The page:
In the series Pictures from Alleland Born continues to work with the topic but slightly changes the range of materials. He uses small canvases and cutouts from papers, wallpapers and newspapers as basis and a wide variety of pigments, varnish, acrylic, asphalt, pastels and pencils. The paintings appear like negative prints of an abstract and irritating world.
Alleland is where the end is over and another end has begun, where everything falls, where nothing can be understood, where there is no landscape and no life anymore or something that can be understood as such. In Alleland, all perspective is flat, spatiality is evaporated. Materiality is negative, reduced to ‘trappings’. Alleland is burnt out, burnt down, dried up, hard and grim. Scratched, bruised, torn, muddy, chipped and decayed. Alleland is a prophecy.
Born is a German born artist based in London. He started his artistic career in the beginning of the 1980s in Hanover, Germany, where he worked as an assistant and practitioner in an art studio. After graduating from the Free University of West Berlin, where he completed an MA in Philosophy and German Literature, he focused on his art. He co-founded the artist group Der Riss “the Rip” and exhibited in many group and solo shows across the UK and Germany. He has also travelled and shown in Russia; both Moscow and St Petersburg. From 2005 – 2010 he was artist in residence at Bishopsgate Institute (London), with two solo shows and a five year continuous exhibition in the concert hall.
Infoworks is a new body of site specific work by Joanna Penso looking at public access to information. She is particularly interested in the Stone Space for both its non-for-profit structure, and the curatorial format of artist-collective-as-curator. Once you remove the hierarchical issue of money, what curatorial considerations are taken into account? Set in the gallery directly beneath the public Library in Leytonstone, this installation gives us an insight into what life might be like without freedoms such as freedom of press, freedom to protest and freedom of speech.
Joanna Penso is an installation artist working across mediums of sound, light, film and text. Her work is predominantly concerned with how we interact with each other within different contexts, and how art work can reveal [the state of] our human nature. Throughout her practice, Joanna assumes the roles of curator, artist and exhibition organiser. By focusing on the use of elements such as colour, light and sound, she creates atmospheres that immerse the viewer in a hyper reality.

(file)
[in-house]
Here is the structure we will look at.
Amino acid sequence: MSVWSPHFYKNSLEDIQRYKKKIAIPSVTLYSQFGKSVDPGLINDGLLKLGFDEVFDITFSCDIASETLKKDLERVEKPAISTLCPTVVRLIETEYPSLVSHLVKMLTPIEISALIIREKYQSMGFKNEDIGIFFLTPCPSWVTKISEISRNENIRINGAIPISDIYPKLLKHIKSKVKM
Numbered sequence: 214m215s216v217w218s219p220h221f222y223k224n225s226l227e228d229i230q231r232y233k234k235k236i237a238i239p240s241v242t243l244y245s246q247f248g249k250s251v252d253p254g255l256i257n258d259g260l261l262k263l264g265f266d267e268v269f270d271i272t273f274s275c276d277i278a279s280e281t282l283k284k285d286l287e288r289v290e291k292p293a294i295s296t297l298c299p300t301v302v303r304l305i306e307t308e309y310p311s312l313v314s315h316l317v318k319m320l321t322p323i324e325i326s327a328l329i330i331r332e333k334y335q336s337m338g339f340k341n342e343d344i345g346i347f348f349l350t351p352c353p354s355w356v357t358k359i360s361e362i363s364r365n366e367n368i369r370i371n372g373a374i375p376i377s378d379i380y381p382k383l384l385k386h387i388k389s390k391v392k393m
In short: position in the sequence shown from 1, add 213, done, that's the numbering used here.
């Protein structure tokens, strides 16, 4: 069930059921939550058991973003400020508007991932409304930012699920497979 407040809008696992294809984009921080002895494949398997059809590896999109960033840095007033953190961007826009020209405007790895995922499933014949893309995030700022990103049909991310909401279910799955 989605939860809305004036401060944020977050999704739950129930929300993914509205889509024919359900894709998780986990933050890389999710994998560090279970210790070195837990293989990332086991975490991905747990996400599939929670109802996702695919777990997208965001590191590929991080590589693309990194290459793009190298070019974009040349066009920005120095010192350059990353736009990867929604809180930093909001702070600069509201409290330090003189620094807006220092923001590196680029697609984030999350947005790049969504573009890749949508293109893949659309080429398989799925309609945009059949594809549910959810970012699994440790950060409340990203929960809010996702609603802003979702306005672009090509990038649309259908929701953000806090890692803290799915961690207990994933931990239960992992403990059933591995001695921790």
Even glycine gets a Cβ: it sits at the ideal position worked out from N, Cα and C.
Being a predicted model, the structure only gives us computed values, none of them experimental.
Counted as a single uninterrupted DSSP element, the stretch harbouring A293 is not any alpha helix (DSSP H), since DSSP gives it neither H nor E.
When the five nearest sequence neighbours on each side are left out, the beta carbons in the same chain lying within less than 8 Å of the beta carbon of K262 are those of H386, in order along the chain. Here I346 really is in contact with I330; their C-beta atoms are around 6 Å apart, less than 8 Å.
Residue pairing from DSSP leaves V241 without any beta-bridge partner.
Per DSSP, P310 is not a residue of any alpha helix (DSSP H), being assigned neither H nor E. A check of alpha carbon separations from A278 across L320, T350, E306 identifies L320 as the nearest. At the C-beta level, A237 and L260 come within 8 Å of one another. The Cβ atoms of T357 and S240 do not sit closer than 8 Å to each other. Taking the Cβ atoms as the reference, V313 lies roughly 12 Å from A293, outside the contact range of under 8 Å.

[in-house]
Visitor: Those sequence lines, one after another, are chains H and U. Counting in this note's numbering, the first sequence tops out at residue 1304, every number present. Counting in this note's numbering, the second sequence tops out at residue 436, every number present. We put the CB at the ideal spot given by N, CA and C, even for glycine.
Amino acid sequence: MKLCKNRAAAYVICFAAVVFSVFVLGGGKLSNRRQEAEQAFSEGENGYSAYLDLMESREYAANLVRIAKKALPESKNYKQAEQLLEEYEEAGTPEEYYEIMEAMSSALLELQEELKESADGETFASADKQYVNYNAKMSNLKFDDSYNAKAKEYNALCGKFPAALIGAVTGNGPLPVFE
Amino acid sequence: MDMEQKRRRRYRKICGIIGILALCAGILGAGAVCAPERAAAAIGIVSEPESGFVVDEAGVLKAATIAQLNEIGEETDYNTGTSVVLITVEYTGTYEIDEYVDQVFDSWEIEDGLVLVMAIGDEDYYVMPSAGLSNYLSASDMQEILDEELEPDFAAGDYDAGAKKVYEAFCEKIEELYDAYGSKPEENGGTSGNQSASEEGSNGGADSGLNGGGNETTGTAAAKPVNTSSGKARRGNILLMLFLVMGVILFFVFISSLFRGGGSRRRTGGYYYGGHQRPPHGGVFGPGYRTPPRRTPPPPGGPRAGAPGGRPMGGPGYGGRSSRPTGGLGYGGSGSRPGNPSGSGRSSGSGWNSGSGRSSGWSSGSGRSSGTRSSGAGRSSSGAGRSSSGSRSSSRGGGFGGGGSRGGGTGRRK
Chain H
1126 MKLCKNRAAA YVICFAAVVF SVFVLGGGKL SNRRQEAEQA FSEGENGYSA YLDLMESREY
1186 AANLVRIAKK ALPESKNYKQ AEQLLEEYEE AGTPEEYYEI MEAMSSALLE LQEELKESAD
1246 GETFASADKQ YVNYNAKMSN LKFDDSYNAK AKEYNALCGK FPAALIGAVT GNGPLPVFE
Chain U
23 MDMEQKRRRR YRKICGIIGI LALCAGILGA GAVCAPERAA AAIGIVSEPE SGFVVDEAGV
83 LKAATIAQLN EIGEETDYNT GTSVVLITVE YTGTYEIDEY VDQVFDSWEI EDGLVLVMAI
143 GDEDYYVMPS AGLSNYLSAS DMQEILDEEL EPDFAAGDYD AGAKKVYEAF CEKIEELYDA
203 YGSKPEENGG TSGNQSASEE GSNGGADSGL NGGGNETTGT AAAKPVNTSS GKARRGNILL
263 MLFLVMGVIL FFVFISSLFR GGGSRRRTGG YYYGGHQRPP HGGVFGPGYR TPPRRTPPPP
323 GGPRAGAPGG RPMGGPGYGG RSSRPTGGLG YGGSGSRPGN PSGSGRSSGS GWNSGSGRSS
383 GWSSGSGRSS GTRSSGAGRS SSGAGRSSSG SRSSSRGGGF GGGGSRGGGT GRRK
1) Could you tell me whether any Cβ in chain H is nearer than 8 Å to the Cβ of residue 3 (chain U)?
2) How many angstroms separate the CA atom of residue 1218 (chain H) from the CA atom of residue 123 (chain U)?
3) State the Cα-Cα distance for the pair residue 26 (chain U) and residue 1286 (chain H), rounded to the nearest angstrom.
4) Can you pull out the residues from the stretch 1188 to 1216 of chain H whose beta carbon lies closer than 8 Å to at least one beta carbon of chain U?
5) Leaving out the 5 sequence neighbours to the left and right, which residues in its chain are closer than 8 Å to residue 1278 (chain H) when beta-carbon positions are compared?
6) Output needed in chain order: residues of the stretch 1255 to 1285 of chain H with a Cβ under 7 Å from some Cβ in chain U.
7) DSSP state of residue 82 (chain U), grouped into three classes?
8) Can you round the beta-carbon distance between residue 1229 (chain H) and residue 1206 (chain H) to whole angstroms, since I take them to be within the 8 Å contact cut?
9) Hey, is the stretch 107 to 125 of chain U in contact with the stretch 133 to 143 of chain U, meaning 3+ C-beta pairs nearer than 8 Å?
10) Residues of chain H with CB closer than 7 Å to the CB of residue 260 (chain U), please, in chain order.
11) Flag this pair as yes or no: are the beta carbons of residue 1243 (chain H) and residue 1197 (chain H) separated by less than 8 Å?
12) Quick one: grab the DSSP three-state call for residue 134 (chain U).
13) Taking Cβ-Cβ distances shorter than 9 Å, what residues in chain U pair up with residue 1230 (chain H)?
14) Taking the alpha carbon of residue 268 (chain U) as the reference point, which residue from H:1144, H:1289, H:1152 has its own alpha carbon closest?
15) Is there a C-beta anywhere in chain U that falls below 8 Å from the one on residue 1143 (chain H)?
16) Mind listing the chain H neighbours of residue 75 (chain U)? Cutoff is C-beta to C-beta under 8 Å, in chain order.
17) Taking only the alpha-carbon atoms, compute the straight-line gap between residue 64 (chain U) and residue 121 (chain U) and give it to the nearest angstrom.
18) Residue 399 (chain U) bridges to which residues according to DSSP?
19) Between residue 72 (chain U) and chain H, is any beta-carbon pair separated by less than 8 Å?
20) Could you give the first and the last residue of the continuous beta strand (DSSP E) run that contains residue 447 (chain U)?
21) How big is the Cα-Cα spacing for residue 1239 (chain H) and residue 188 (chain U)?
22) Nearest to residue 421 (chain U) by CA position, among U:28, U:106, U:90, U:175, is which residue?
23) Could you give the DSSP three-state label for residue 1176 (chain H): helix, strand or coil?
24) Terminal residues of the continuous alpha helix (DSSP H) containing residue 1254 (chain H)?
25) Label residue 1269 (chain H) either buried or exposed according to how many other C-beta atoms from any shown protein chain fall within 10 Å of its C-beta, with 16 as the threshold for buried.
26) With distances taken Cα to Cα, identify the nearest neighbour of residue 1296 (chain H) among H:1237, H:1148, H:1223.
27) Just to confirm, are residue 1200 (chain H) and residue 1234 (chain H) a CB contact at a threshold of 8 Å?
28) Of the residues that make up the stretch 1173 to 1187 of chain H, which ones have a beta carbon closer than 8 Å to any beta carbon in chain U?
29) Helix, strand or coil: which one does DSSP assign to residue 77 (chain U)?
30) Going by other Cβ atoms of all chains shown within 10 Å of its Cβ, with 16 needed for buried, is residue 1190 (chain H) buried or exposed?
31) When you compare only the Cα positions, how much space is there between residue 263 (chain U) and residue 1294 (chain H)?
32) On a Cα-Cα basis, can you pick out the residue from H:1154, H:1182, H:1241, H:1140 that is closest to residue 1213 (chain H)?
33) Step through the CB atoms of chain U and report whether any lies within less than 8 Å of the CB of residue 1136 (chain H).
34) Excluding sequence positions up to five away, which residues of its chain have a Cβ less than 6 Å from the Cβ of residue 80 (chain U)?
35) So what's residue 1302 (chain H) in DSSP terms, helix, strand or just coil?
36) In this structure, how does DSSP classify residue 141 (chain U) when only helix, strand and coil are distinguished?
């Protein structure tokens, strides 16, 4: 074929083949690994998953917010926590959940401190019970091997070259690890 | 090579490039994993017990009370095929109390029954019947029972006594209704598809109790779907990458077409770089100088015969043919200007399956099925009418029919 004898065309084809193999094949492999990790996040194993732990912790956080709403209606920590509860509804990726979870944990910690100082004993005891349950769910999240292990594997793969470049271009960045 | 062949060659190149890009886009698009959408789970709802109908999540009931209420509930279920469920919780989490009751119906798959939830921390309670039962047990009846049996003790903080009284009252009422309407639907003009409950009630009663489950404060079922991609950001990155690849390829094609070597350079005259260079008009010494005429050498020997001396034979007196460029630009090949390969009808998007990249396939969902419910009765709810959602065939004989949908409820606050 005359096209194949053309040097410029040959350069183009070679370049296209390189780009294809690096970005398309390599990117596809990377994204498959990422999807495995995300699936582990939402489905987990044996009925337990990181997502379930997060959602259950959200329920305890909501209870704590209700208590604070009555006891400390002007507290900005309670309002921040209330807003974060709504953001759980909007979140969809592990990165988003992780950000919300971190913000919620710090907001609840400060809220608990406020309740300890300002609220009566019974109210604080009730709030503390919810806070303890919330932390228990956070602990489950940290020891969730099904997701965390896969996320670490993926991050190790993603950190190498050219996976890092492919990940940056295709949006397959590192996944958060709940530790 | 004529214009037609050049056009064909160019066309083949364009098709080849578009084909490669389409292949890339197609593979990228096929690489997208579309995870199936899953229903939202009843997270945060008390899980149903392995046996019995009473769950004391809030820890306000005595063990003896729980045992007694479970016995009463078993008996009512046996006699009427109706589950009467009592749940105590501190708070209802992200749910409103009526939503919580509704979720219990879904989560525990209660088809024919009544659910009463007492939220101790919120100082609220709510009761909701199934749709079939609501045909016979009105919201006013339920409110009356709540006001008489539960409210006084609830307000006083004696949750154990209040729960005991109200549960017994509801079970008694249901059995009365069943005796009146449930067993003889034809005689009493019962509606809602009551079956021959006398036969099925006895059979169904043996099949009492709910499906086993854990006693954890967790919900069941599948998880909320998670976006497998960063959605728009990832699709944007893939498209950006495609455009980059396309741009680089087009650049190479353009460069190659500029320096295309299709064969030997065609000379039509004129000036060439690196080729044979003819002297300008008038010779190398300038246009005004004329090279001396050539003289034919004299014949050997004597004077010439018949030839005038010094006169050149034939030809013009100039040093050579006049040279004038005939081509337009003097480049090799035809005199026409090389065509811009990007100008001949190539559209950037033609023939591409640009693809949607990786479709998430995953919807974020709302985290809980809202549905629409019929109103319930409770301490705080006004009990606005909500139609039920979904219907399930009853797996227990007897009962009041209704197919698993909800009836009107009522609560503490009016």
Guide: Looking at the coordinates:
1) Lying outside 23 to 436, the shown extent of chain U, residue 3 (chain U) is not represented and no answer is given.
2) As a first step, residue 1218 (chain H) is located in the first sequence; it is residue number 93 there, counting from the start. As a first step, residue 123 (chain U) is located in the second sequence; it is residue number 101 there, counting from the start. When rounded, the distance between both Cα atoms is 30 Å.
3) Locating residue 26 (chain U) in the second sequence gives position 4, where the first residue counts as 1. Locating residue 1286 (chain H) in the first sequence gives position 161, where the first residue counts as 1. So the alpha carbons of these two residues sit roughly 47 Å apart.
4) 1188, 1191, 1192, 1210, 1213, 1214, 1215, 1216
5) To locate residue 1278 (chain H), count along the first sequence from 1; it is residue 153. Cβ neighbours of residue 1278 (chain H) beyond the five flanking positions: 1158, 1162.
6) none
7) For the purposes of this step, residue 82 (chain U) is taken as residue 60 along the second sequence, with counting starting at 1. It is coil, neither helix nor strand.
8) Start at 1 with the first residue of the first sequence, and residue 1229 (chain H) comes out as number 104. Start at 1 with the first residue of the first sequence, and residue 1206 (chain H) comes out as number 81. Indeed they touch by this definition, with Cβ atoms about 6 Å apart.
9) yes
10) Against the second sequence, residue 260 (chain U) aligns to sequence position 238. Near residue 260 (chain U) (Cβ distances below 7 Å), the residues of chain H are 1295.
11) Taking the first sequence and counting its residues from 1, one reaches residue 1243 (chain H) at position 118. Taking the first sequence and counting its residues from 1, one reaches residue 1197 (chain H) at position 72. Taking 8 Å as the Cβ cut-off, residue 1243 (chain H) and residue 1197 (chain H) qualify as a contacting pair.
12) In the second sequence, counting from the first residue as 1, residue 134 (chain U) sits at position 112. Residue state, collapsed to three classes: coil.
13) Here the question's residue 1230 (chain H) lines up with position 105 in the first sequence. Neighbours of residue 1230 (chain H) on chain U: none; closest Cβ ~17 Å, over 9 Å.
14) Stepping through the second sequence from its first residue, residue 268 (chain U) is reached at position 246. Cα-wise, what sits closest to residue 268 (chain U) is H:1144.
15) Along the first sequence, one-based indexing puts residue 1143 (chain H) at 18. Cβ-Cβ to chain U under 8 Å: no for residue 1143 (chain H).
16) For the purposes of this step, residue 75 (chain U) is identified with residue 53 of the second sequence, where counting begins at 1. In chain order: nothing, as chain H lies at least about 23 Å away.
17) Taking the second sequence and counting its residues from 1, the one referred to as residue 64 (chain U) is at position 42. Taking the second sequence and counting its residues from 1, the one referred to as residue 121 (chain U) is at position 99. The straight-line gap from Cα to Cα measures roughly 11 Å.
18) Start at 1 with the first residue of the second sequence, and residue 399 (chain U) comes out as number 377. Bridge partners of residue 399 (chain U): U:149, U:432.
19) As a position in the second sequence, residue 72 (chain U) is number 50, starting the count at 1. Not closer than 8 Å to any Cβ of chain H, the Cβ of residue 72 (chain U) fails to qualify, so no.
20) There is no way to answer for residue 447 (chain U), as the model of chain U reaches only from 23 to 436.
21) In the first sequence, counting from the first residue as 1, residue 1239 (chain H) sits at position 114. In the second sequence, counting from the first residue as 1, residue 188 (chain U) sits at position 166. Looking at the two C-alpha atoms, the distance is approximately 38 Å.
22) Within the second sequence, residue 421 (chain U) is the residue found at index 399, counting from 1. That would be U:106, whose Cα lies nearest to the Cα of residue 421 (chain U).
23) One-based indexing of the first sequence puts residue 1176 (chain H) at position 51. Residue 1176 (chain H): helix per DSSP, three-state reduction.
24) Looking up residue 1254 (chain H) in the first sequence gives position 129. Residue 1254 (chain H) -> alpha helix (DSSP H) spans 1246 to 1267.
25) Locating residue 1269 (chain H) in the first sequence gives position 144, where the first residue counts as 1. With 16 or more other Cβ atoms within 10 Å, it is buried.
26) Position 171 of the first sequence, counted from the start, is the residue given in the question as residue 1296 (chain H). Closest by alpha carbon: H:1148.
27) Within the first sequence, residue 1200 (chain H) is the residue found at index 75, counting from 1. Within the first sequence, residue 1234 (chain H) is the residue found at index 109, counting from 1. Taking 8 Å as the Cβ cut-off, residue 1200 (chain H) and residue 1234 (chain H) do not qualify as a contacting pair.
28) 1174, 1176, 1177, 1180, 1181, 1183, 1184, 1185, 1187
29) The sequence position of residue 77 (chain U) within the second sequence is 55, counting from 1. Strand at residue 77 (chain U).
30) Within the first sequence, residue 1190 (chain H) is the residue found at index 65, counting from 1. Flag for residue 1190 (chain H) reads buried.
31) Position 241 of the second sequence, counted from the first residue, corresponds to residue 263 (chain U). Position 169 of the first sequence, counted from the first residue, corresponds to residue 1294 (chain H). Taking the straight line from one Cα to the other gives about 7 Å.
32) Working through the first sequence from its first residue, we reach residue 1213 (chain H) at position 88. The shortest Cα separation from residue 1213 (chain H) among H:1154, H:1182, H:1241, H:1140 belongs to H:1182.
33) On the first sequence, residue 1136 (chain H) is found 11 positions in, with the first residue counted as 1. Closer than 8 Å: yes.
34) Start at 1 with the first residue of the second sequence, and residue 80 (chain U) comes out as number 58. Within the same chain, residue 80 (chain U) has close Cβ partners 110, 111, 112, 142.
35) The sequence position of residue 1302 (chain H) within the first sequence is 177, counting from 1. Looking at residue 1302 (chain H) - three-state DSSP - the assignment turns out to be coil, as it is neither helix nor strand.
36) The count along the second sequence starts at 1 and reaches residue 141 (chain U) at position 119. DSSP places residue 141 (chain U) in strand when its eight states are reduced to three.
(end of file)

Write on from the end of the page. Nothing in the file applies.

Private view: Thursday 1 June from 18:00-20:30
Artist talk: Saturday 24 June at 14:00
In December 2016, the Stone Space invited artists interested in being paired with another artist to come forward and work on creating a joint exhibition. The intention was that the two artists selected for the exhibition would enter into a dialogue or work together in response to each other’s work in advance of the exhibition and the results of this process would be documented or exhibited in some way.
Counterpoint is a collaboration between Ivy Panesar and Philipa Day, two local artists unknown to each other before this exhibition, utilises contrast of colour to create contradictory and varied emotional reactions. Both artists favour abstracts and rely heavily on colour and movement, but there are notable discrepancies in their work and method which create a magical disharmony.
Ivy Panesar is a contemporary London-based Australian painter inspired by street art and abstract expressionism. By her own admission, she can be brutal with a paintbrush, but the result is always intriguing, and sometimes chaotic, with pastel candy-coloured hues fighting for recognition against engaging brights.
Philipa Day is a painter from East London and has exhibited her work across London and in Copenhagen. This work captures the reactions of mixed oil paint and white spirit on acetate. For the viewers of Counterpoint, Philipa hopes each person will keep in mind a quote from one of her own artistic inspirations, Georgia O’Keeffe: “I paint because colour is a significant language to me“.
Strategic Plan by Spanish artist Juan Carlos Meana is an installation that is part of a broader work which deals with identity tensions between the individual and society. Juan’s installation fills the gallery with rulers and set-squares tells us that the space is reduced to numbers and measurements which, in an obsessive, hoarding manner, ends up depriving the subjects and their private identities. By ‘occupying’ the gallery and preventing the public from being able to physically enter into the installation, the artist wishes to emphasise the occupation of a space that cannot be inhabited and where the subject has been expelled.
Juan studied Fine Art at the University of the Basque Country.He continued studying in Paris (ENSBA) with C. Boltanski. He is currently lecturing in Fine Art at the University of Vigo (Spain). Over the years he has had around twenty solo exhibitions and many collective ones, in cities like Bilbao, Vigo, Vitoria, Barcelona, Madrid, Berlín, Amsterdam, Paris and Lisbon. This is the first time he has shown his work in the UK. Alongside his artistic work he has developed a body of reflective texts about artistic creation.
More information on Juan’s work is available on his website: juancarlosmeana.es
The private view for his show will be on Thursday 6 April, 6.30 to 8.30pm